What causes fights and quarrels among you? Don’t they come from your desires that battle within you? You desire but do not have, so you kill. You covet but you cannot get what you want, so you quarrel and fight. You do not have because you do not ask God. (vv. 1–2)
These admonitions feel personal to me. As a young culture warrior, I was getting a hit of righteousness. I needed to know that I was a good person, and waging the culture wars was a great way to convince myself and those watching me. It was a way to convince God, too, I think.
But like any other drug, self-righteousness needs an ever-increasing supply. Every hit demands another. And when you’ve come to love the rush, you very quickly become addicted until the only thing you know how to do is fight.
This is where things get tricky for Christians who want to bear public witness. We should be reluctant warriors, only picking up arms when a just conflict calls us to protect others. (Social justice is one example.) It’s one thing to advocate for and defend our principles in the common square; it’s another thing entirely to enjoy the fight.
And too many of us love the battle. We delight in the pillaging and destruction of our ideological enemies. We love the war because of the rush of righteousness that accompanies it.
So I wonder if the way to break the cycle is to reassess our desires and needs. What if we didn’t need the feeling of superiority that comes from a sharp comment on Twitter? What if we could count on something other than our own works—political or otherwise—to know we are safe and loved?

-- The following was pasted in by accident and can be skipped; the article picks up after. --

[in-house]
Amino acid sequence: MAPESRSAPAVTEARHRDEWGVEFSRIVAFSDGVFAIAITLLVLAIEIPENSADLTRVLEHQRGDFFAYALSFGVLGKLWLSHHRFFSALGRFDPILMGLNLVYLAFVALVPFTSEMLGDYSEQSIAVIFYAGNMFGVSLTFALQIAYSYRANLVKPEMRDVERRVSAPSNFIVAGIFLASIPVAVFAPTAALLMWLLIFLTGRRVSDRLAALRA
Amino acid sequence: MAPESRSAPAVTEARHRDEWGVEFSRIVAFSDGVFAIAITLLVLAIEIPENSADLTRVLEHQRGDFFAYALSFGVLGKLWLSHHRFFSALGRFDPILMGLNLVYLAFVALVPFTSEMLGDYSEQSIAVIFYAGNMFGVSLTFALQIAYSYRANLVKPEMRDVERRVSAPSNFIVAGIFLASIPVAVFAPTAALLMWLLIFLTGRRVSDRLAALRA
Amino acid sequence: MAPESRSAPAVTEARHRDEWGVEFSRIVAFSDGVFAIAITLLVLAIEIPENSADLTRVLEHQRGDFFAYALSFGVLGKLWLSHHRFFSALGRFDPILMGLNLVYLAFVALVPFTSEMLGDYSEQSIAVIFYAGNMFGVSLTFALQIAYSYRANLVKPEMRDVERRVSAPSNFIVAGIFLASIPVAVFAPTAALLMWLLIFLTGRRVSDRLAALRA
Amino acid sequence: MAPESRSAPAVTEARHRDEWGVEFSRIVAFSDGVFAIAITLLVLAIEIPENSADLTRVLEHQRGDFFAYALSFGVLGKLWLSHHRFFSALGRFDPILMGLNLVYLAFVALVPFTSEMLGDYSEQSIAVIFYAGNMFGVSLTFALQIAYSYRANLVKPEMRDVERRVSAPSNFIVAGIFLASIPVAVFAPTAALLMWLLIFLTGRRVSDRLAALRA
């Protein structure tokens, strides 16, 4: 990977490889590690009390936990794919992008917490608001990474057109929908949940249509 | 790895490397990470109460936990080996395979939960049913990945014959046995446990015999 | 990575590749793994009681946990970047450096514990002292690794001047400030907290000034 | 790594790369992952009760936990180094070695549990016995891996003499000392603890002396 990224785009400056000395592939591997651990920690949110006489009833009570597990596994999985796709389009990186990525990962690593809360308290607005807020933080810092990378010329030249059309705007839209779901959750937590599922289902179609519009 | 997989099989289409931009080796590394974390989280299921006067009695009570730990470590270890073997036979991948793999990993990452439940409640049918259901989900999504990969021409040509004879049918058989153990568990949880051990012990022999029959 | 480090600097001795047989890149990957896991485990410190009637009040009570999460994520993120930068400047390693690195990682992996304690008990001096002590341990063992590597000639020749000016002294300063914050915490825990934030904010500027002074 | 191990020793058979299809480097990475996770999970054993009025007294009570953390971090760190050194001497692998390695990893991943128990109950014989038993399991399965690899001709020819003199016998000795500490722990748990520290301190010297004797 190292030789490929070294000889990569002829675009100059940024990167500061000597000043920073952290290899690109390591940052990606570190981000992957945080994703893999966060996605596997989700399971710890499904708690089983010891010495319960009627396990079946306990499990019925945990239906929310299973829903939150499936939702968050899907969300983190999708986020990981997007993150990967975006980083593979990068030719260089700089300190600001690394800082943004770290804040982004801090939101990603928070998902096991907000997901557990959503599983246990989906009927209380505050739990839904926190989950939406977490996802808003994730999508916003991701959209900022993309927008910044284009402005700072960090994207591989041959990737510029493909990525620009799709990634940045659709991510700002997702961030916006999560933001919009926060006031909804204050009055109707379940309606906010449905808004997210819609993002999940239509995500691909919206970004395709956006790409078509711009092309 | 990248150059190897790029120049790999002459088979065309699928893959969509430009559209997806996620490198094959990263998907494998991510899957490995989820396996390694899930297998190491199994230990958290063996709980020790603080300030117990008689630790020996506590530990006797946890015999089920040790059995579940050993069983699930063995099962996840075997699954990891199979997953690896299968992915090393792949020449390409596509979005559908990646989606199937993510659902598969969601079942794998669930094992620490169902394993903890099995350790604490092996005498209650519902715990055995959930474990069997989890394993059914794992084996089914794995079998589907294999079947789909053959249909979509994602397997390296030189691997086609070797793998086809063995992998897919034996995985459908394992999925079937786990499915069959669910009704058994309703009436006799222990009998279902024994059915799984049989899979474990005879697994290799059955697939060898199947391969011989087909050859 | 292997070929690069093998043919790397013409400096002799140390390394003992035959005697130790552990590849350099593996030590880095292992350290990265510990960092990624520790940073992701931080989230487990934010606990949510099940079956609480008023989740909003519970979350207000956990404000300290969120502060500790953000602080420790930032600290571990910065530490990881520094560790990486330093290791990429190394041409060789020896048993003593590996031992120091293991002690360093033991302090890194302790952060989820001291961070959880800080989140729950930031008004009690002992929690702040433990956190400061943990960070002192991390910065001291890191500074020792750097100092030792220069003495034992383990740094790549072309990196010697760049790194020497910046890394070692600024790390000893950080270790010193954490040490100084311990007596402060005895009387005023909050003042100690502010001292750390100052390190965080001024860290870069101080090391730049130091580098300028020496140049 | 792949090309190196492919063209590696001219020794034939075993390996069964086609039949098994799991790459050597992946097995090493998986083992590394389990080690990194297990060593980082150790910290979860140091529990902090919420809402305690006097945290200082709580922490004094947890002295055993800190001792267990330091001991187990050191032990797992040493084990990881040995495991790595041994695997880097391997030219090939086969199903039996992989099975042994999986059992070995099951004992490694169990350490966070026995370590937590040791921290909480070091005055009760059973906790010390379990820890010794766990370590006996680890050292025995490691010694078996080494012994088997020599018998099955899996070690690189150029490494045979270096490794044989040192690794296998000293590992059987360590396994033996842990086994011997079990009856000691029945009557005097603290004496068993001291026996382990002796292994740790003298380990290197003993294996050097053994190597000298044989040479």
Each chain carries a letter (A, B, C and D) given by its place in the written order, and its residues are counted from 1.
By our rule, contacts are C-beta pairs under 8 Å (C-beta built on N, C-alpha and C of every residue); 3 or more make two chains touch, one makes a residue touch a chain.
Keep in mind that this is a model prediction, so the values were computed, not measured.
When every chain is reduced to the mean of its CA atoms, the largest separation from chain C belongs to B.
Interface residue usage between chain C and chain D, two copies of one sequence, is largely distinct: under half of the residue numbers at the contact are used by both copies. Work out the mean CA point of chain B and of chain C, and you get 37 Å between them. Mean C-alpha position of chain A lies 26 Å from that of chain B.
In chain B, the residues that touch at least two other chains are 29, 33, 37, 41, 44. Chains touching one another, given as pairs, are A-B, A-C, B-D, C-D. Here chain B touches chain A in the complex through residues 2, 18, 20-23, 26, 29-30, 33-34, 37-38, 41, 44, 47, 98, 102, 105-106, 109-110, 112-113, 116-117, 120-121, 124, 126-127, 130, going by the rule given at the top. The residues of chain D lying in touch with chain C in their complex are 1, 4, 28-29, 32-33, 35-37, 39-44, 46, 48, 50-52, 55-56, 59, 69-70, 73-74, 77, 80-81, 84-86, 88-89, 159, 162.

When I think back on the girl I was in the 1990s, I see a young woman eager to please God. But I also see an immature young woman—someone who was too busy trying to please God to understand that he was already pleased with her in Christ. In the subsequent decades, I’ve done more than simply grow up. I’ve sobered up.
Somewhere in my early to mid-20s, I encountered an expression of the gospel that located God’s grace and Christ’s righteousness over my own. I’d always known I was a sinner—always known that others were, too. But I didn’t have any meaningful way of dealing with sin or understanding Christ’s work on my behalf. So the best I could do was to show my commitment to God by simply working harder, trying to do what was right, and reforming myself.
And if I could reform myself enough to overcome my sin, then other people should be able to as well. When they didn’t, at least to my thinking, I was entirely justified in condemning them and warring against them. By not understanding God’s grace at work in my own life, I couldn’t see it at work in the lives of others or even extend it to them in our debates.
I was blind to particular grace, which meant I was blind to common grace as well.
As the years have passed, I don’t know that I’ve become less conservative. I still hold policy positions and opinions that make my progressive friends squirm. But one thing has changed for me: I no longer need the fight. And I don’t need the fight because I don’t need to prove anything. Safe in the goodness of God and the righteousness of Christ, I’m free to work for goodness in the world around me. I’m free to love my neighbor as I love myself and struggle for their good, not my own.
So as a new set of culture wars rage, take a word of advice from an old veteran: Speak truth and speak love, but don’t think for one minute that holding a certain position or voting a certain way makes God love you any more or any less than he already does. Don’t think for one minute that he loves your neighbor any more or any less than he loves you. Don’t think for one minute that your righteousness originates anywhere except with him.
And having tasted the goodness of God, having experienced his unmerited grace, go into the world and share it with others.
Hannah Anderson is the author of Made for More, All That’s Good, and Humble Roots: How Humility Grounds and Nourishes Your Soul.